Cabernet Sauvignon

The Cabernet Sauvignon grape is one of the most commonly grown grapes in the world, the red version of Chardonnay. It adds splendor and flavor to red wines the longer they are allowed to age. The thick skin of this grape gives the wine made from it has a high tannin, but many wineries temper this by blending in wines with low tannin.

The name "sauvignon" means wild and it is thought that these grapes grew wild in the Bordeaux region of France, but recent testing shows that the grape likely resulted from the crossing of Cabernet Franc and Sauvignon Blanc in the 17th century.

The grapes can be grown in a variety of climates and are one of the last ones to ripen. The climate of the growing season determines how early they can be harvested so the harvest season varies from country to country. Oak is used during the wine making process to give it is distinctive taste.

The Sauvignon can be blended with other varieties of grapes, such as Syrah and Merlot. Many wineries ferment and age the grapes separately before blending several varieties into one wine. The flavor of Cabernet Sauvignon can also depend on the length of time the must (juice of the fruit) is in contact with the skin before fermentation.

In the Bordeaux region, this period, called the maceration period, is three weeks. This then requires a longer period of aging for the wine. Winemakers who want to produce a wine that is ready for consumption in a relatively short period of time cut down on this maceration period significantly, often limiting it to only a few days.

Cabernet Sauvignon is one of the wines most noted for its affinity to being aged in oak casks. This helps to soften the tartness of the taste and give it the taste and aroma of vanilla and spices that help to temper the tobacco aroma. Different varieties of oak also have a different effect on the taste of the wine.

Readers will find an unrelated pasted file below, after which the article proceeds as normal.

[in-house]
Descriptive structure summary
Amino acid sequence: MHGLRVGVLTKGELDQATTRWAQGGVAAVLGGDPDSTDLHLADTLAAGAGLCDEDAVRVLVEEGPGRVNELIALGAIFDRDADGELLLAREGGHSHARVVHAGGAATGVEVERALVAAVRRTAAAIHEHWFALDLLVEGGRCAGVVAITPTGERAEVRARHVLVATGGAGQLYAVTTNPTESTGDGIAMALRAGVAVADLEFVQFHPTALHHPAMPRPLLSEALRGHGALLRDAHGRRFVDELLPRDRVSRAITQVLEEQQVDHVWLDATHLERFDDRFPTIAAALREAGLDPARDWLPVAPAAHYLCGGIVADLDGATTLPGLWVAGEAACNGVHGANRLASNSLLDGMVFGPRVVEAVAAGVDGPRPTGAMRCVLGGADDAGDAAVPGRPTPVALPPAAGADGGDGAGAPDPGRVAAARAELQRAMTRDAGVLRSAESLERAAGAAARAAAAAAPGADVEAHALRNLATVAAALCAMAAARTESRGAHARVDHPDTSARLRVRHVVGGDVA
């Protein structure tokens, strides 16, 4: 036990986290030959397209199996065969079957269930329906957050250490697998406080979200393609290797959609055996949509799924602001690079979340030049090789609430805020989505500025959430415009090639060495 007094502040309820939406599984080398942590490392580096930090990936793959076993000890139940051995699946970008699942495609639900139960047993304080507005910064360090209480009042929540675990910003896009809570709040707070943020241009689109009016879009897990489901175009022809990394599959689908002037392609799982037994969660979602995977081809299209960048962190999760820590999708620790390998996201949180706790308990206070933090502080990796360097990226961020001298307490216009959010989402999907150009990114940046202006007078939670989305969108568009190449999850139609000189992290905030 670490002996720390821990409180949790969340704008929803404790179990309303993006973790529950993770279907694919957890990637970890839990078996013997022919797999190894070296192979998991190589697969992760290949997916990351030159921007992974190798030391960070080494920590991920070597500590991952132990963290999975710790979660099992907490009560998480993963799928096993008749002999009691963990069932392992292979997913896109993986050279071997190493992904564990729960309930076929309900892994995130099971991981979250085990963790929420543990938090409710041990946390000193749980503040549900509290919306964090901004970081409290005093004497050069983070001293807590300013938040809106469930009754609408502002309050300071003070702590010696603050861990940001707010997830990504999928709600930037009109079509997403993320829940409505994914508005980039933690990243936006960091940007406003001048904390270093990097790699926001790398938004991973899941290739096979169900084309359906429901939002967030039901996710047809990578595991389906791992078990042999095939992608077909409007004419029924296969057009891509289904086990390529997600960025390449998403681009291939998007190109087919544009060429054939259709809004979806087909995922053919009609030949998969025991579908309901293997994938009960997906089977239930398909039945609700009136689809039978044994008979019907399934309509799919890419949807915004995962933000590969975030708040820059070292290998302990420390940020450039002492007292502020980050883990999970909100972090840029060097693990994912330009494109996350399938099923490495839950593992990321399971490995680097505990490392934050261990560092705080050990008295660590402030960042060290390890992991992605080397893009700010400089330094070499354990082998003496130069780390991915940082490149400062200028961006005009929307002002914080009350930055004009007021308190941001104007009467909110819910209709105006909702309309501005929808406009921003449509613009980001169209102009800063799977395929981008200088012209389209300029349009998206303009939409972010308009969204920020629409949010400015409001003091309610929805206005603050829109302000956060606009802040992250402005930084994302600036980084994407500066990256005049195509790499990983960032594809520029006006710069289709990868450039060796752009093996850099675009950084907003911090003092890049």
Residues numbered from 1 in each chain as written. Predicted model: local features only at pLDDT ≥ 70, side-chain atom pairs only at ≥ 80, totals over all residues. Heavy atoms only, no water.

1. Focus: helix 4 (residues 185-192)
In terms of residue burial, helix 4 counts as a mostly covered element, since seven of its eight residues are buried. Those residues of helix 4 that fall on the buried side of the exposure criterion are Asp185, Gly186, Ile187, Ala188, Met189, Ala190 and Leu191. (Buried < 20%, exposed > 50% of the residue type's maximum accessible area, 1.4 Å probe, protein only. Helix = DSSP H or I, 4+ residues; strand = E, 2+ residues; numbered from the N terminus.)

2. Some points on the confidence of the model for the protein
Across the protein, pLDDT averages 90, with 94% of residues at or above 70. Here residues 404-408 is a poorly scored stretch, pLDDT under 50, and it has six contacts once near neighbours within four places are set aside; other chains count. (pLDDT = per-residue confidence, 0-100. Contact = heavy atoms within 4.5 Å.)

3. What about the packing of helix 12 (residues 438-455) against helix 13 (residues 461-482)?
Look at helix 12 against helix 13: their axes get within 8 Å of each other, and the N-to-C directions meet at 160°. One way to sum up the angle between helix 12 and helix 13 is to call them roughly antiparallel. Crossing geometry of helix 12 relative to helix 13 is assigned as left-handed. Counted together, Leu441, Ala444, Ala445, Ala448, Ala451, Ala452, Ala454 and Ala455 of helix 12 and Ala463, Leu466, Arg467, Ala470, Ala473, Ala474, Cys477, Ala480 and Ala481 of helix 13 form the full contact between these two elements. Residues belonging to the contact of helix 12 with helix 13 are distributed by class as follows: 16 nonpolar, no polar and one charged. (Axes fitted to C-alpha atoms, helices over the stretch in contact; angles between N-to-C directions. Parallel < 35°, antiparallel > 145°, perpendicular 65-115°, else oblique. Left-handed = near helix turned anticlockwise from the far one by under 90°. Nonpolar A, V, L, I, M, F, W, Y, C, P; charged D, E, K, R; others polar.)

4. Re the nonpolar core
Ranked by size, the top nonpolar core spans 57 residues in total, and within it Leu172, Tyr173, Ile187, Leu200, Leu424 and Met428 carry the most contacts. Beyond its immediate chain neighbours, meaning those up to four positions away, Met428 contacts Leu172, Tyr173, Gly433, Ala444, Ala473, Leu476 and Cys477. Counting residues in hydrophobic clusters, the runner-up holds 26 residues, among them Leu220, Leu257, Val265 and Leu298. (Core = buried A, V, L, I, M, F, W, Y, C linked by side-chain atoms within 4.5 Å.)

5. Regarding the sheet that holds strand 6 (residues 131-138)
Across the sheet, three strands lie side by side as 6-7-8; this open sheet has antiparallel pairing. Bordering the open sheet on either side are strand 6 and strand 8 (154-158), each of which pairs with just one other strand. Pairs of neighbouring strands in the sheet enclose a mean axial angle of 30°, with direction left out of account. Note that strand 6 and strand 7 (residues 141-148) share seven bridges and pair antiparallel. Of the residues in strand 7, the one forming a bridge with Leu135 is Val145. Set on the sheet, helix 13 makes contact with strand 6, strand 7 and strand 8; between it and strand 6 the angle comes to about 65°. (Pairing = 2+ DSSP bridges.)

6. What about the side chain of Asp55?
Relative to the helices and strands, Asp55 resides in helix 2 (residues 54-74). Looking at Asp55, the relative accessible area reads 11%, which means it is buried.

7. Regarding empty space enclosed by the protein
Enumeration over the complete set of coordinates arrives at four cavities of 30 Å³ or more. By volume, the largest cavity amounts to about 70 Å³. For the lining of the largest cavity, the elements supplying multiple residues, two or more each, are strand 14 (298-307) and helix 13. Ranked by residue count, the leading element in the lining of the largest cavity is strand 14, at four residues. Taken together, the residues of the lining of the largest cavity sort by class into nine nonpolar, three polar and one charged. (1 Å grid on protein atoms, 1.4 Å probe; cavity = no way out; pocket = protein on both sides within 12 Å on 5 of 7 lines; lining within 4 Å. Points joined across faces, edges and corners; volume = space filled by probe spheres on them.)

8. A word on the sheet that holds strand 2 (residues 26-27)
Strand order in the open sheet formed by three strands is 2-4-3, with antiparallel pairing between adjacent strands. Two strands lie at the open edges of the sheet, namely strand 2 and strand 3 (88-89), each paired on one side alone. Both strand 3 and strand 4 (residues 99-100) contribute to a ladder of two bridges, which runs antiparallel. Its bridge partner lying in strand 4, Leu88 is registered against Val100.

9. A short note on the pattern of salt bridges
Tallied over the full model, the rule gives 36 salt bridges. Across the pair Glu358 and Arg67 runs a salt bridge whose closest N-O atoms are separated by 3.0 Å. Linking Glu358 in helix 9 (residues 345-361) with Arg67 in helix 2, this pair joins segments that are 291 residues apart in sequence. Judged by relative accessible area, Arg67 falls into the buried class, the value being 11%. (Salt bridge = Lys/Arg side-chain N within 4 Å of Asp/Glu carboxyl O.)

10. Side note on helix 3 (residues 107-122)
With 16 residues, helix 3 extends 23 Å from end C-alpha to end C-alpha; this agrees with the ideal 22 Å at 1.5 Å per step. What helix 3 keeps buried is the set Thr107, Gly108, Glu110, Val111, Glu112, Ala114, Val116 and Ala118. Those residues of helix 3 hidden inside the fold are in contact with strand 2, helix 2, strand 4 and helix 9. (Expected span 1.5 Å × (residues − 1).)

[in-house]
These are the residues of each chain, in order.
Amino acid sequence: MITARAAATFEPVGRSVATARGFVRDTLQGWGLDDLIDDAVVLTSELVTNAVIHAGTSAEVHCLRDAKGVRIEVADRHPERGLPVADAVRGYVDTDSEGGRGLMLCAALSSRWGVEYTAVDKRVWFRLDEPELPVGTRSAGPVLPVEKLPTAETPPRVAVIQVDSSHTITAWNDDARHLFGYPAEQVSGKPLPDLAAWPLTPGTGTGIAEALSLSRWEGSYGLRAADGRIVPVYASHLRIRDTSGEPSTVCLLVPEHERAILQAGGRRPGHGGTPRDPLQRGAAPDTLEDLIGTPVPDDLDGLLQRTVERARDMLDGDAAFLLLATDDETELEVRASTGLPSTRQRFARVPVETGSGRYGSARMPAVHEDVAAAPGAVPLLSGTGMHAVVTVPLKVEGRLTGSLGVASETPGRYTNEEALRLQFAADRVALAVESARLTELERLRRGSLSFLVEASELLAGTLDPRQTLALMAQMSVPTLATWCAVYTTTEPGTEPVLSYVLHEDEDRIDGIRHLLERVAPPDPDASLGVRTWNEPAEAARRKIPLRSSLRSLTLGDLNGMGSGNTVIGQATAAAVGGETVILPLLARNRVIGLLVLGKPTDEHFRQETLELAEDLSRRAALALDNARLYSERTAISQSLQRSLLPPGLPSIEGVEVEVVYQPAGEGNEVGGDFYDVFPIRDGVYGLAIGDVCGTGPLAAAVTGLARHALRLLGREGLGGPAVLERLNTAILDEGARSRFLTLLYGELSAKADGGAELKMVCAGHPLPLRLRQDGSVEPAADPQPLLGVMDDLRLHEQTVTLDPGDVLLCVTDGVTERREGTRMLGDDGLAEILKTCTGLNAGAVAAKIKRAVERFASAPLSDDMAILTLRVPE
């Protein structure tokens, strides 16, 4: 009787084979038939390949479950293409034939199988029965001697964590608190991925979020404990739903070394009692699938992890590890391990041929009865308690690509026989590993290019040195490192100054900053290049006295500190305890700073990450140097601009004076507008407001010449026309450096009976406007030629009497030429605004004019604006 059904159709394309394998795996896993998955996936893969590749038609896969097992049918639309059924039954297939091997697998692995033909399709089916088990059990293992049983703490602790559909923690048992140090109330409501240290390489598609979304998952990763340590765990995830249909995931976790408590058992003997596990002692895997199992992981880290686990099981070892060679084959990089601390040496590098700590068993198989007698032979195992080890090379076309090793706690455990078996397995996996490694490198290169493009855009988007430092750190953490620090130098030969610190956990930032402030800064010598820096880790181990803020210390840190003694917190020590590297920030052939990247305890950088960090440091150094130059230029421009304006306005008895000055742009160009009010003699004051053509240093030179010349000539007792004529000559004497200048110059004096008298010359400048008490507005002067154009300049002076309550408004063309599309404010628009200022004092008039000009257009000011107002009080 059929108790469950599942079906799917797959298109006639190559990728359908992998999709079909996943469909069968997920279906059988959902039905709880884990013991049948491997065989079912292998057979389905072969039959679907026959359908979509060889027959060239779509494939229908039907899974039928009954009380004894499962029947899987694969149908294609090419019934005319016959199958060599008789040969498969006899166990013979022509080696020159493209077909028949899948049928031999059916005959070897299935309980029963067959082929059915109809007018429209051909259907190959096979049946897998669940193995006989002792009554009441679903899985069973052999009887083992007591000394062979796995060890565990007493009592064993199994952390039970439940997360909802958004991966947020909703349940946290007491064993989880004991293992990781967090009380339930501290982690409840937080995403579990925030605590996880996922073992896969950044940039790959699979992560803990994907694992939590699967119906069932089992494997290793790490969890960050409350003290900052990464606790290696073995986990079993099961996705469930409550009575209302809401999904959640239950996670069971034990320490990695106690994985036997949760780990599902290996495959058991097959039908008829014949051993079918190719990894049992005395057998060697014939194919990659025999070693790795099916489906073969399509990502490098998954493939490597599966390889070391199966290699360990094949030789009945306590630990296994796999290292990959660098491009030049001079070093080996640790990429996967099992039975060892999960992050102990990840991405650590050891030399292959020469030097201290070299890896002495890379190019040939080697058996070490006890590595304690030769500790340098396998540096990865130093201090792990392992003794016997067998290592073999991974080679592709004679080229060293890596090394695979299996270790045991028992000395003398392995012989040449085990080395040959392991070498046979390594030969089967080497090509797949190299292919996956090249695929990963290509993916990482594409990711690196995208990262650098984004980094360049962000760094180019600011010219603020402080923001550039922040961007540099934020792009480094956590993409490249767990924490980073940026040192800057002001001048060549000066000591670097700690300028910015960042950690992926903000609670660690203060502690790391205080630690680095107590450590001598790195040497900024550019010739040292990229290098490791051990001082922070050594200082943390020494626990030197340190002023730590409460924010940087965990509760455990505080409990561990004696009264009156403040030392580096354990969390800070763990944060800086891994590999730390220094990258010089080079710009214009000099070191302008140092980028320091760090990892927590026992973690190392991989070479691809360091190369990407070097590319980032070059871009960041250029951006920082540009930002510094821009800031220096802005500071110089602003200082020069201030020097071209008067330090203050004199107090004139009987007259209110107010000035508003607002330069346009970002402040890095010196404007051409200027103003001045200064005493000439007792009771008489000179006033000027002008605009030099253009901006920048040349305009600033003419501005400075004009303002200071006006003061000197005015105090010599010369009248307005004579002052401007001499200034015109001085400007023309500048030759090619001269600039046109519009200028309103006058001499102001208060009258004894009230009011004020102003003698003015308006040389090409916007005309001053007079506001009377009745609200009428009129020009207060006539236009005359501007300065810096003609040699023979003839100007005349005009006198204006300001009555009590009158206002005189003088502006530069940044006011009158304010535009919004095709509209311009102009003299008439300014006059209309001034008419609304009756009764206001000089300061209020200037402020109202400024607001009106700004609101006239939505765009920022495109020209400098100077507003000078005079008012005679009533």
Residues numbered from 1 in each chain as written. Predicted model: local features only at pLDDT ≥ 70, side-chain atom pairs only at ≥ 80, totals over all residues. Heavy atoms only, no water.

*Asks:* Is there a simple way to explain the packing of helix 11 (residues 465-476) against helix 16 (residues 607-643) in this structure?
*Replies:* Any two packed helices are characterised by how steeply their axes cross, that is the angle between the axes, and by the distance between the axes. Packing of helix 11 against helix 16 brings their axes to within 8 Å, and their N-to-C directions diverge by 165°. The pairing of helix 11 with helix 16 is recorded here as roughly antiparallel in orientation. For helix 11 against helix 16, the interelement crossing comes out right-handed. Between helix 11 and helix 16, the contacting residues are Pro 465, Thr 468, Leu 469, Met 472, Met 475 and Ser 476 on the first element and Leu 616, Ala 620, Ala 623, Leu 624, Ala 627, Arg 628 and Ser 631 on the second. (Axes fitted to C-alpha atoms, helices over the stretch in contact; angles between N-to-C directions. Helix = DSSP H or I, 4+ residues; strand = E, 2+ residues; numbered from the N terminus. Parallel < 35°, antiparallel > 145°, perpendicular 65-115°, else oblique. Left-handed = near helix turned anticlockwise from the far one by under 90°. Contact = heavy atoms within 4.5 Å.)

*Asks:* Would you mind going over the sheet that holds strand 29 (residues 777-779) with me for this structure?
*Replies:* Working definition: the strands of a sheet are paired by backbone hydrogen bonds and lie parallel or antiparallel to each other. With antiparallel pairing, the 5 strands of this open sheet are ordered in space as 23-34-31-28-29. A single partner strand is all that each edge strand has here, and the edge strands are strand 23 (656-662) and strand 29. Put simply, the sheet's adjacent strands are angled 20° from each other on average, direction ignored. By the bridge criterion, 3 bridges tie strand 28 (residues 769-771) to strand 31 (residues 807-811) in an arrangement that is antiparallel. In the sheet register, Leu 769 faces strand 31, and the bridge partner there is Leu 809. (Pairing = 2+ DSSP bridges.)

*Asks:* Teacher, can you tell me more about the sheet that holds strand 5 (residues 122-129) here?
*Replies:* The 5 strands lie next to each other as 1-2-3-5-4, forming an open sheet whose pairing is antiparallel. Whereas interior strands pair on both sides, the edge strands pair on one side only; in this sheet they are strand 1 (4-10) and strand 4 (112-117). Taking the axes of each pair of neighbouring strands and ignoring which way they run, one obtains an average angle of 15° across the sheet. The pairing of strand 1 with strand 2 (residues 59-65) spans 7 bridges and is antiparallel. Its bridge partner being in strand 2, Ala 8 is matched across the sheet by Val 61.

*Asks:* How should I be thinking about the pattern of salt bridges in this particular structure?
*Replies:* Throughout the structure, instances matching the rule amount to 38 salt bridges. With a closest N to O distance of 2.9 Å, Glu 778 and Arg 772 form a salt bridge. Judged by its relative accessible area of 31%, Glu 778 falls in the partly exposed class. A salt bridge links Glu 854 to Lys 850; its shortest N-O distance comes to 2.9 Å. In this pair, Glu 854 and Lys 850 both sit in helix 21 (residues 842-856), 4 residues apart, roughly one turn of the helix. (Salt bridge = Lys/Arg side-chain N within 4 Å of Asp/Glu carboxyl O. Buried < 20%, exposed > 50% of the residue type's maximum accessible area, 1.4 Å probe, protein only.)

Barrels made from American oak will give the wine a stronger taste than those made from French oak. There are also different varieties of American oak that will play different roles in the resulting taste of the wine that are aged in the barrels made from them.

Another factor that affects the overall taste of Cabernet Sauvignon is the ripeness of the grapes when they are harvested. If they are not quite ripe, the resulting wine will have a strong bell pepper taste. If the grapes are too ripe, the aroma may be that of black currants. Some wineries use a variety of techniques that include harvesting the grapes at different stages of ripeness and then blending them all together in one wine.

Since Cabernet Sauvignon is a very bold wine, you do have to be careful about the choice of food you serve with it. The taste does tend to overpower light and delicate dishes. It works well when served with steak dishes or dishes that involve a heavy sauce made of cream because the taste of these foods helps to soften the tannins in the wine.

If you serve this wine with pasta or rice dishes, you may find that the wine is too strong and you cannot get the taste of the food. Wines from the Bordeaux region work well when paired with dishes containing mushrooms. This wine is the perfect one to pair with bitter chocolate, but it does not work well with the smooth taste of milk chocolate.

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About The Author, Sarah Martin
Sarah Martin is a freelance marketing writer specializing in international cuisine and fine wines such as Cabernet Sauvignon and Syrah. For a wide selection of varietals, please visit http://www.wineaccess.com/.